Jacob Ramsey and FFP fears threaten to undermine Aston Villa’s pursuit of progress

Even if injuries have consigned Jacob Ramsey to a supporting role in Aston Villa’s main storylines this term, he finds himself the bellwether in capturing the current mood.

Villa’s first home game of 2023 had been a long time coming. It marked a return to home comforts for a side in need of a second wind as they faced a rival for a Champions League spot in Newcastle United. Within the bigger picture, it also served as the start of a defining run of fixtures and the end of the transfer window.

Regardless of whether Villa kept their squad intact until the transfer deadline 48 hours later, only signing Morgan Rogers from Middlesbrough, it did not hide the luminous elephant in the room also known as Profit and Sustainability Rules (PSR).

PSR provoke anxious glances from most in the Premier League, yet Villa find themselves at the sharp end of things this winter. As The Athletic reported earlier this month, the inescapable feeling is that if Villa want to continue spending big or simply comply with PSR guidelines, they will likely need to move on a first-team player.

The mere thought immediately makes Villa more fragile and news of Newcastle making an approach for Jacob Ramsey the day before — akin to Chelsea and Jhon Duran last week — threatened to create an existential crisis. Bayern Munich and Tottenham Hotspur also hold an interest in Ramsey, but even countenancing an offer for their leading homegrown talent underlined just how mindful they were of breaching PSR.

A sale would be in the region of £50million and alleviate fears before the end of the financial year on June 30. Plainly, though, it seemed unthinkable that a player raised less than five miles away from Villa Park and among England’s most prodigious talents would have to be sold to a direct competitor. Ramsey is unlikely to move in this window now, with the can in danger of being kicked down the road.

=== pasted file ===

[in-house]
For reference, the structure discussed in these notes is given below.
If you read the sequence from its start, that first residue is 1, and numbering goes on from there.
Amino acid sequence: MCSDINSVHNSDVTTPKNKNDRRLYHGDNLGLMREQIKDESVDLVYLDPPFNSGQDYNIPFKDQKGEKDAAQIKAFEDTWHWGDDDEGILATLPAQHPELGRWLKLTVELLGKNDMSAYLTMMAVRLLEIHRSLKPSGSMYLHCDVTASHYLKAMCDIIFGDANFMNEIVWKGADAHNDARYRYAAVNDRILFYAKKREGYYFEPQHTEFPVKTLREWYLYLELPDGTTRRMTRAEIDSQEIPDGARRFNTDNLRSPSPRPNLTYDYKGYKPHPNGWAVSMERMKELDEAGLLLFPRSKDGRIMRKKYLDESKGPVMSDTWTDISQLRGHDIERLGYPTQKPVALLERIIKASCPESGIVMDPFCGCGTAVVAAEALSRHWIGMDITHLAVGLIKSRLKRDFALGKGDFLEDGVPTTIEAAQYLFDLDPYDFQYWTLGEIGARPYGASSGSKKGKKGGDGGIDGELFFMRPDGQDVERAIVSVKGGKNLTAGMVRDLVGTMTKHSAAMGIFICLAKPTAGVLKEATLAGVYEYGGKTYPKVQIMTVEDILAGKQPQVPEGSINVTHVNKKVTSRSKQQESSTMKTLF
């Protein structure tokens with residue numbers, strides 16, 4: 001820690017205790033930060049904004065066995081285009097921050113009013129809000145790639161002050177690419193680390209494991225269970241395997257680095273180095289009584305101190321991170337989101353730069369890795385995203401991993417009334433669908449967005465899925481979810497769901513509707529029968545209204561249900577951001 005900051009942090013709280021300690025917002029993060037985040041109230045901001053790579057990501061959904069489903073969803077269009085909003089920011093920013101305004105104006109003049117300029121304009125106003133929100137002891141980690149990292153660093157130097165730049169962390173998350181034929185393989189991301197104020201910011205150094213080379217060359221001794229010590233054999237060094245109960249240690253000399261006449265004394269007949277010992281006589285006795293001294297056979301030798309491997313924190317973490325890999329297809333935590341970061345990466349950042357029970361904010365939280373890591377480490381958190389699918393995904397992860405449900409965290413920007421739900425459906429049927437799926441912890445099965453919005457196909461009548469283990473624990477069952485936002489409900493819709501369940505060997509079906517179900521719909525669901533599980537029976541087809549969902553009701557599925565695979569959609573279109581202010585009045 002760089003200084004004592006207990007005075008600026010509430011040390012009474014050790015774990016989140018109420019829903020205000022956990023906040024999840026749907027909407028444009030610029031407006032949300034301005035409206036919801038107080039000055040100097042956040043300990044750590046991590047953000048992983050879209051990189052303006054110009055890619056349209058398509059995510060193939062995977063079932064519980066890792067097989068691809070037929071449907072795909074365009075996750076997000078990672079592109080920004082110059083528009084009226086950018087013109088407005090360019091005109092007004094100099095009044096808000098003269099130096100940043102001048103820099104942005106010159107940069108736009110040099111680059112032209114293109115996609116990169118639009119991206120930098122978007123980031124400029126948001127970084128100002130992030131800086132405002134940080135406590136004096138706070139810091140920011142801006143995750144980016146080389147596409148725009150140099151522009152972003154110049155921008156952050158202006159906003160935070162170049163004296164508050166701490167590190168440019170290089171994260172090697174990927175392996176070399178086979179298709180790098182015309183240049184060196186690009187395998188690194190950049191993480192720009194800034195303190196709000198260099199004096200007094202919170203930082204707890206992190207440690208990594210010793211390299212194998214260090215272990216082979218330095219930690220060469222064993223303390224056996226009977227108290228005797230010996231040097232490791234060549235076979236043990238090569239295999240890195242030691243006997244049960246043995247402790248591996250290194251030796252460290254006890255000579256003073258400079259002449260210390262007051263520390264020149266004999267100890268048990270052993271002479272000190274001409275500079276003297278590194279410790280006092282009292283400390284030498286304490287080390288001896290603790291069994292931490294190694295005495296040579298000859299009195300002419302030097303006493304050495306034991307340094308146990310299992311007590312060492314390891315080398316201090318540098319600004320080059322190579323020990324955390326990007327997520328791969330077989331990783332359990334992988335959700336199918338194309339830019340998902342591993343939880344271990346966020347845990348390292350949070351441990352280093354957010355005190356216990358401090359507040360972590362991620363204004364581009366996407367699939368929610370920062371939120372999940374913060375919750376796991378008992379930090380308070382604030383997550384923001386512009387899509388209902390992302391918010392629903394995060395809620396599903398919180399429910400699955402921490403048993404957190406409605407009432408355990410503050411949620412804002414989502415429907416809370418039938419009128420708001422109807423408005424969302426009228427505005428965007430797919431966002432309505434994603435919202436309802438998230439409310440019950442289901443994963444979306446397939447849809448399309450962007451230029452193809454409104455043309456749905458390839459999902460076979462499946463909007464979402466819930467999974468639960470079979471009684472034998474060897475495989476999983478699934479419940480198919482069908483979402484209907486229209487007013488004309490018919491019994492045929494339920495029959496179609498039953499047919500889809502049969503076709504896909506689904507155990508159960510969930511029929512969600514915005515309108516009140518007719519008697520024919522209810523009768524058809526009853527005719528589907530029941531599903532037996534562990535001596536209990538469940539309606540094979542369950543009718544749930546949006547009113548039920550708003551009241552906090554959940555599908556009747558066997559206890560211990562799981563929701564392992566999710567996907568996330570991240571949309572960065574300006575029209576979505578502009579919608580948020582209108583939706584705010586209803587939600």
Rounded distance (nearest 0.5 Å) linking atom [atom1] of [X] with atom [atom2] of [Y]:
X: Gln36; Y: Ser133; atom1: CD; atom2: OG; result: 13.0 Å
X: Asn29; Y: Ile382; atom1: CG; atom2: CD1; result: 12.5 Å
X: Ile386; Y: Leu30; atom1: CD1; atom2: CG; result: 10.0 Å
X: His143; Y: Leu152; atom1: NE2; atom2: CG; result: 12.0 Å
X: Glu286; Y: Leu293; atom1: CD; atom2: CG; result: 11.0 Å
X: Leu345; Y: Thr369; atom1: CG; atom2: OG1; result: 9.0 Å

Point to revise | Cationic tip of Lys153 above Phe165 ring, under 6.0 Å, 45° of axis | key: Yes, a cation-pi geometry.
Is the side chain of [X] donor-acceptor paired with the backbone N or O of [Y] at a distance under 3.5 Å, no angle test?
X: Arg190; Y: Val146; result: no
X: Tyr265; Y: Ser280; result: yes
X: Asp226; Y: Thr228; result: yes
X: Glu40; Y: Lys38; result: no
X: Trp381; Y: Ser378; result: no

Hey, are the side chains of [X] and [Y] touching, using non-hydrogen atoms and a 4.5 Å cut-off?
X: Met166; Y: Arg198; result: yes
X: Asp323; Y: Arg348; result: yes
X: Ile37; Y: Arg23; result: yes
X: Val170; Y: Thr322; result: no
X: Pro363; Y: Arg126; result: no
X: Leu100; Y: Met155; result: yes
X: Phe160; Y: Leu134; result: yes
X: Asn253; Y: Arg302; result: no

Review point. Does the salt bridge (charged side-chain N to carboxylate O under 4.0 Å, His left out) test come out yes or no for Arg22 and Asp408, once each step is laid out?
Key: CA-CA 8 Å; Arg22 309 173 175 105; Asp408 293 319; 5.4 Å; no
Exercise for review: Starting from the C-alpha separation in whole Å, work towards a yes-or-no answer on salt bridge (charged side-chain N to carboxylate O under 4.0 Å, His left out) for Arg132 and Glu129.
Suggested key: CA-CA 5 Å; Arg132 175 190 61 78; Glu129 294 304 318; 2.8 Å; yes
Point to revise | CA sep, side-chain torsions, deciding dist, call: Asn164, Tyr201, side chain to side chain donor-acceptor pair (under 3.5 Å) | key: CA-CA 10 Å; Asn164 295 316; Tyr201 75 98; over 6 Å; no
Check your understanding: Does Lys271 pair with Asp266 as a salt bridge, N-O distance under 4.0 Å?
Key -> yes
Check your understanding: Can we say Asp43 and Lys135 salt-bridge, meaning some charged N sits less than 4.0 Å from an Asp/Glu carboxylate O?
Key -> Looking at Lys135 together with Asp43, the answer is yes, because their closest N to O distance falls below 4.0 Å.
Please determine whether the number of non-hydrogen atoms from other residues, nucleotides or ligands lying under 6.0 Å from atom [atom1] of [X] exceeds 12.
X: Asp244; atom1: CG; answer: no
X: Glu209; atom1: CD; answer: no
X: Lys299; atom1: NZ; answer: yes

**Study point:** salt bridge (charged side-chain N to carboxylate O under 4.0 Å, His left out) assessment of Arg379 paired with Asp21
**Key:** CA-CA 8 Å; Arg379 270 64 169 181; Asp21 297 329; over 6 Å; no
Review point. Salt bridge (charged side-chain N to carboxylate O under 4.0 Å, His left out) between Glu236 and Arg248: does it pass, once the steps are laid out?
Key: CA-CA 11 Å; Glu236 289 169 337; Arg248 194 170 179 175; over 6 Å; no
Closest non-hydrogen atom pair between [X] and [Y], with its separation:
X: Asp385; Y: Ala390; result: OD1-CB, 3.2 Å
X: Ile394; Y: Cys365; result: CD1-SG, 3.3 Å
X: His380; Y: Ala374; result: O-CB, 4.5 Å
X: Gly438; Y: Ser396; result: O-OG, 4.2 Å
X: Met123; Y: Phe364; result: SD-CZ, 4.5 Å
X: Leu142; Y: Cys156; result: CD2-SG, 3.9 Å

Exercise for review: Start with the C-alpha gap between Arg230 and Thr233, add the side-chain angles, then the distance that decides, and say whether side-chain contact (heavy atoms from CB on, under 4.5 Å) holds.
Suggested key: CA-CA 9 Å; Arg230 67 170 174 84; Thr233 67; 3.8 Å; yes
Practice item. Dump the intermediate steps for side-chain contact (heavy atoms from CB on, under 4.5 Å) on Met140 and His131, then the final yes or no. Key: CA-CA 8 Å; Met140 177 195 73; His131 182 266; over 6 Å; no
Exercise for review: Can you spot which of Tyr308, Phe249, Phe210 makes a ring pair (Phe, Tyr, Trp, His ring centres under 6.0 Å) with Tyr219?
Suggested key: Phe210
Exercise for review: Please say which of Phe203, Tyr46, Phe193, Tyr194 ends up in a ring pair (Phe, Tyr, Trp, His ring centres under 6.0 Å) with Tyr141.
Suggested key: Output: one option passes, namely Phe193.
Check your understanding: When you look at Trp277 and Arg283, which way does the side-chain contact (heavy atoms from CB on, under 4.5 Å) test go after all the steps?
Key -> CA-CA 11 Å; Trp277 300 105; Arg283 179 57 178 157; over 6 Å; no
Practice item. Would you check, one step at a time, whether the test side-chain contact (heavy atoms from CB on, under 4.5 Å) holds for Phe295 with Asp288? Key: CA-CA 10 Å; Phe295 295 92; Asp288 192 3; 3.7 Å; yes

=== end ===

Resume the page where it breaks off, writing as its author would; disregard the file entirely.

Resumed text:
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Jacob Ramsey is a target for Newcastle and other clubs (Nick Potts/PA Images via Getty Images)

Still, Villa have come out of January weaker. Performances had been on the slide, broadly speaking, while Leander Dendoncker’s departure and exasperating injuries to Duran, Pau Torres and Lucas Digne are testing the limits of Emery’s tight-knit group.

Newcastle was Villa’s 33rd fixture this season across all competitions. For context, Tottenham will only play 41 games in total. Providing they reach the UEFA Conference League final, Emery could manage up to 61 matches. History is not kind to threadbare squads competing across several fronts.

On reflection, those setbacks made the overall display and 3-1 defeat against Newcastle strangely unsurprising. Despite Villa having not lost in the league at home in 346 days and Newcastle labouring with the worst form of any side, the intangibles threatened to go against the grain.

Warning signs had underpinned Villa of late, starved of invention going forward and increasingly vulnerable within Emery’s structure. Players did not carry the same verve or precision in their work which, in turn, illuminated their shortcomings.

Newcastle and Eddie Howe had already beaten Villa heavily once, a 5-1 victory on the opening day. Afterwards, Emery understandably offered mitigation, pointing to the season-ending injuries to Tyrone Mings and Emiliano Buendia, not to mention early-season teething issues.